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Benjamin Howarth, Code Gecko

I'm about to set up a new website, powered by DotNetNuke (my favourite CMS at the moment, mainly because it's free), and I want to install a Counter-Strike game server onto the same machine. I also want a little module that will show visitors to my site how many people are logged onto the CS server and some basic stats.
Sounds simple right?
The problem is that when Counter-Strike server is installed, the database name is generated at random. So I can't create a connection string that points to a data source because I don't know the name of the database. However, I do know what the CS tables look like.
In SQL Server, there's no way of obtaining all the table names in all the database just by running one query. So, I created a bit of code which:

  1. Gets all the databases on the server;
  2. Queries the INFORMATION_SCHEMA.tables table, which holds the names of all the tables in the database;
  3. Return the name of the database which contains the CS tables (in this case, cs_server).

The following piece of code does just that using dynamic SQL - SQL that writes itself, so to speak.

Bear in mind that when you run this, you must have SELECT access on all the databases on your DB server otherwise you will get "access denied" errors and the whole procedure will fail (so basically, run it as Windows Administrator or database sa).

Without further ado, here's the code:

   1:  CREATE PROCEDURE GetCounterStrikeServerDetails AS 
   2:  BEGIN  
   3:  CREATE TABLE #tmp ( 
   4:  tmpdbname nvarchar(MAX) 
   5:  ) 
   6:  DECLARE @useronline nvarchar(MAX) 
   7:  DECLARE @dbname nvarchar(255) 
   8:  DECLARE @csdb nvarchar(255) 
   9:  DECLARE @sql nvarchar(MAX) 
  10:  DECLARE dbcur CURSOR FOR 
  11:  (SELECT name FROM sys.databases) 
  12:  OPEN dbcur 
  13:  FETCH NEXT FROM dbcur INTO @dbname 
  14:  WHILE @@FETCH_STATUS = 0 
  15:  BEGIN
  17:  SET @sql = 'IF (SELECT COUNT(*) FROM ' + @dbname + '.INFORMATION_SCHEMA.tables WHERE TABLE_NAME = ''cs_servers'') = 1 INSERT INTO #tmp SELECT ''' + @dbname + '''' 
  18:  EXEC(@sql) 
  19:  FETCH NEXT FROM dbcur INTO @dbname 
  20:  END 
  21:  CLOSE dbcur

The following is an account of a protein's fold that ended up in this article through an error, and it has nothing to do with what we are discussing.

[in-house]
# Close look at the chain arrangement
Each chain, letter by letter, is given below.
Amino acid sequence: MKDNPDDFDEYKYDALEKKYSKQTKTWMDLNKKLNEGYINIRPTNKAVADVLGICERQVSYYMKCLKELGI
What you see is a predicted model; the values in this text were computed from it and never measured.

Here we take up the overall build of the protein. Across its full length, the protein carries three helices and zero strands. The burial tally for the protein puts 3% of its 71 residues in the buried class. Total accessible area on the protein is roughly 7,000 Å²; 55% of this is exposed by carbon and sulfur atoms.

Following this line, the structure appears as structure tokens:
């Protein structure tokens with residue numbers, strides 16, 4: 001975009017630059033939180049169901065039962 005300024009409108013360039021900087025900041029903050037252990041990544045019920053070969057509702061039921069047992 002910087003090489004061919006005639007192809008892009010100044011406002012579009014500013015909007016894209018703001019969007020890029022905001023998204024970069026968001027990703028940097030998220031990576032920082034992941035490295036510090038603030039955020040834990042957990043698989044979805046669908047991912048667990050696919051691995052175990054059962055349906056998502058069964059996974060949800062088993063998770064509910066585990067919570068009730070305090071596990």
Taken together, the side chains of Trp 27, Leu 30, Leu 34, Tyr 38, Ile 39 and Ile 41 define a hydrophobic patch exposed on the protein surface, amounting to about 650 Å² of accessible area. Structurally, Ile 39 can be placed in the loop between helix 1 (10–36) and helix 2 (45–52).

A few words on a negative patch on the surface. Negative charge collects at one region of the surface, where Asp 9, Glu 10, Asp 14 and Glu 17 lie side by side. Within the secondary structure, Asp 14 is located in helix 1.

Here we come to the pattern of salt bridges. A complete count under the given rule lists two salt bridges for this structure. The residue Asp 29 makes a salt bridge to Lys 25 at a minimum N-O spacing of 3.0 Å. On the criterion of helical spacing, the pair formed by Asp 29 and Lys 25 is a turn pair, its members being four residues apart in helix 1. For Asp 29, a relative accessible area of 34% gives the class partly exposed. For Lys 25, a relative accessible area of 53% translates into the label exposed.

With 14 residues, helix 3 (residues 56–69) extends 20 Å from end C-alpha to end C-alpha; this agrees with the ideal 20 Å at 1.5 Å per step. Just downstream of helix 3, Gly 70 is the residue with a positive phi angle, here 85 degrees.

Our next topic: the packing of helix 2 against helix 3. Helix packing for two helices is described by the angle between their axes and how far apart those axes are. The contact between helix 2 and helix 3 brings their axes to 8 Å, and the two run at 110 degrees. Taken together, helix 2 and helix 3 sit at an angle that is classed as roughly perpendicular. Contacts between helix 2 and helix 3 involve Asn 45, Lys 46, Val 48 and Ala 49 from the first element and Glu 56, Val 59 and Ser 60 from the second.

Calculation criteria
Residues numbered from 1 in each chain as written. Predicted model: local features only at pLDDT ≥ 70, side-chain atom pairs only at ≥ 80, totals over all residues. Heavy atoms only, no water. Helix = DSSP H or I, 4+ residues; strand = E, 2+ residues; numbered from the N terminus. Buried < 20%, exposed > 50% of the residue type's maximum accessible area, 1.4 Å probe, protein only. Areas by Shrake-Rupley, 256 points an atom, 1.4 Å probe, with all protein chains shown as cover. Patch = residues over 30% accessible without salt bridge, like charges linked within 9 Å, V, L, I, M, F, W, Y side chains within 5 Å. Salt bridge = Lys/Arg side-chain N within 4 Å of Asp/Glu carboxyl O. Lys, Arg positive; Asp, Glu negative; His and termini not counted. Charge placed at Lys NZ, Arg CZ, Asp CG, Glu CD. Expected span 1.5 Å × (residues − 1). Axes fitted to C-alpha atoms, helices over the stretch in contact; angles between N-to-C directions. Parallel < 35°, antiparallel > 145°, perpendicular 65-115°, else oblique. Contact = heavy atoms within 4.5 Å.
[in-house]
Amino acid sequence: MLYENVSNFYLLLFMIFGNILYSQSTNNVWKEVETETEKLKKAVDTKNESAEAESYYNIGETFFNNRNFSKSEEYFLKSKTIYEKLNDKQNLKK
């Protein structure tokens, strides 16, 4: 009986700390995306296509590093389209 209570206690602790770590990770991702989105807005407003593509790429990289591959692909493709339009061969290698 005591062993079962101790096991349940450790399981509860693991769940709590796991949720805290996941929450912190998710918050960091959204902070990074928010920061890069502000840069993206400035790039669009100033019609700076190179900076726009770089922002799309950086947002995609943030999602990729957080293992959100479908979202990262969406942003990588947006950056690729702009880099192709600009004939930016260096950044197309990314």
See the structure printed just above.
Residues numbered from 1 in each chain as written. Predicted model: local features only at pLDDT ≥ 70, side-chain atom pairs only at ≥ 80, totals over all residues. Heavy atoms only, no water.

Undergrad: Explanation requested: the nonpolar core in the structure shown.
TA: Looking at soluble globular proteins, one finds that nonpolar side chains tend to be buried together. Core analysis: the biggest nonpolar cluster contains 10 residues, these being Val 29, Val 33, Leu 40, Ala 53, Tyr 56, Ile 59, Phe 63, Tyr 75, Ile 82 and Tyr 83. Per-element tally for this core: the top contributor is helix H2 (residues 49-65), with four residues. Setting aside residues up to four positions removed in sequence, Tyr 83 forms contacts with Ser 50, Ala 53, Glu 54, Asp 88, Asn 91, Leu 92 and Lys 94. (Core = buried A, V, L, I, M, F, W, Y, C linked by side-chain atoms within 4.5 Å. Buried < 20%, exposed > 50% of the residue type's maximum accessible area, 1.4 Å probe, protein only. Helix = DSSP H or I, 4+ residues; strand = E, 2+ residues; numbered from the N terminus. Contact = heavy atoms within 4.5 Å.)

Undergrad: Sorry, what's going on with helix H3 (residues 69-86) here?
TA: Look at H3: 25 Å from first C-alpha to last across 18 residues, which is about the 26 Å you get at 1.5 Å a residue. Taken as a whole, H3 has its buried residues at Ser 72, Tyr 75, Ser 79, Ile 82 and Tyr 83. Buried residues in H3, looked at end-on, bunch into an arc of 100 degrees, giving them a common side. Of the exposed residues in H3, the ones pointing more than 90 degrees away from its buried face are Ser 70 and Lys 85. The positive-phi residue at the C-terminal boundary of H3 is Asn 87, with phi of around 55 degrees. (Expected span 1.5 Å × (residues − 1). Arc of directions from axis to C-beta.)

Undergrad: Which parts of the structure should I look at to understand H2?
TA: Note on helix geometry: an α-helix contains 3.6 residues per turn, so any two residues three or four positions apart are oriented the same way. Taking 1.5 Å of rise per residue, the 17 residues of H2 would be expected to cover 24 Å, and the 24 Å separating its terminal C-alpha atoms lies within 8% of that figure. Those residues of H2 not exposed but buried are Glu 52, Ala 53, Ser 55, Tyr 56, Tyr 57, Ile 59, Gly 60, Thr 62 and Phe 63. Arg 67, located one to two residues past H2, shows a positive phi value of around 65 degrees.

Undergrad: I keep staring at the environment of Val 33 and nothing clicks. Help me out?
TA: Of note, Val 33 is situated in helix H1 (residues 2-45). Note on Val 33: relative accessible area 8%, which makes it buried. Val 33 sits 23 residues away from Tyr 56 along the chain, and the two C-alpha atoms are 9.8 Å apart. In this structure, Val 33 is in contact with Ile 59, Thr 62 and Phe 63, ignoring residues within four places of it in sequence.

22:  DEALLOCATE dbcur 
  23:  SET @csdb = CONVERT(nvarchar(max), (SELECT tmpdbname FROM #tmp)) 
  24:  DROP TABLE #tmp 
  25:  SET @useronline = 'SELECT name, cur_players, cur_map, maxplayers FROM ' + @csdb + '.dbo.cs_servers ' 
  26:  SET @useronline = @useronline + 'INNER JOIN ' + @csdb + '.dbo.cs_params ON ' + @csdb + '.dbo.cs_params.server_id = ' + @csdb + '' 
  27:  EXEC(@useronline) 
  28:  END 




Let's walk through this code.

Firstly, I declared a temp table (lines 3-5). Reason is because I had trouble with variable scope when trying to get the name of the database, which is on line 16.

Secondly, declare a number of variables to hold the data that I'll be working with (lines 6-9) - @useronline and @sql to hold my dynamically-generated SQL code, @dbname for my cursor to loop through each database, and @csdb for the name of the actual Counter-Strike database when I discover it.

Third, open a cursor, which loops through every database listed in sys.databases (lines 10-14).

Line 16 is the key. For each database, if I find an entry in INFORMATION_SCHEMA.tables which matches the name of the table I'm after (cs_server), I want to insert a row into my temp table with the name of the database.

Lines 20 and 21 are garbage collection for the cursor.
Lines 22 and 23 simply get the name of the CS database and put it into a variable, and dropping the temp table (garbage collection).
Lines 24 and 25 builds a SELECT JOIN statement using the CS database name and known table names for the CS database structure.
Line 26 executes said SELECT JOIN statement, which gives you the server name, max number of users allowed, current map, and number of users currently connected and playing.

If you take out lines 22-26, this code could be adapted for a number of uses - for example, in software asset management scenarios, this could be used to find particular pieces of software installed on a database server. I am running at least 3 DotNetNuke databases and if I know one of them has got a particular piece of software on it, and I want to delve into it, I'd be using this script.

I hope that someone finds it useful!


Posted on Sunday, September 28, 2008 12:07 AM DotNetNuke | Back to top

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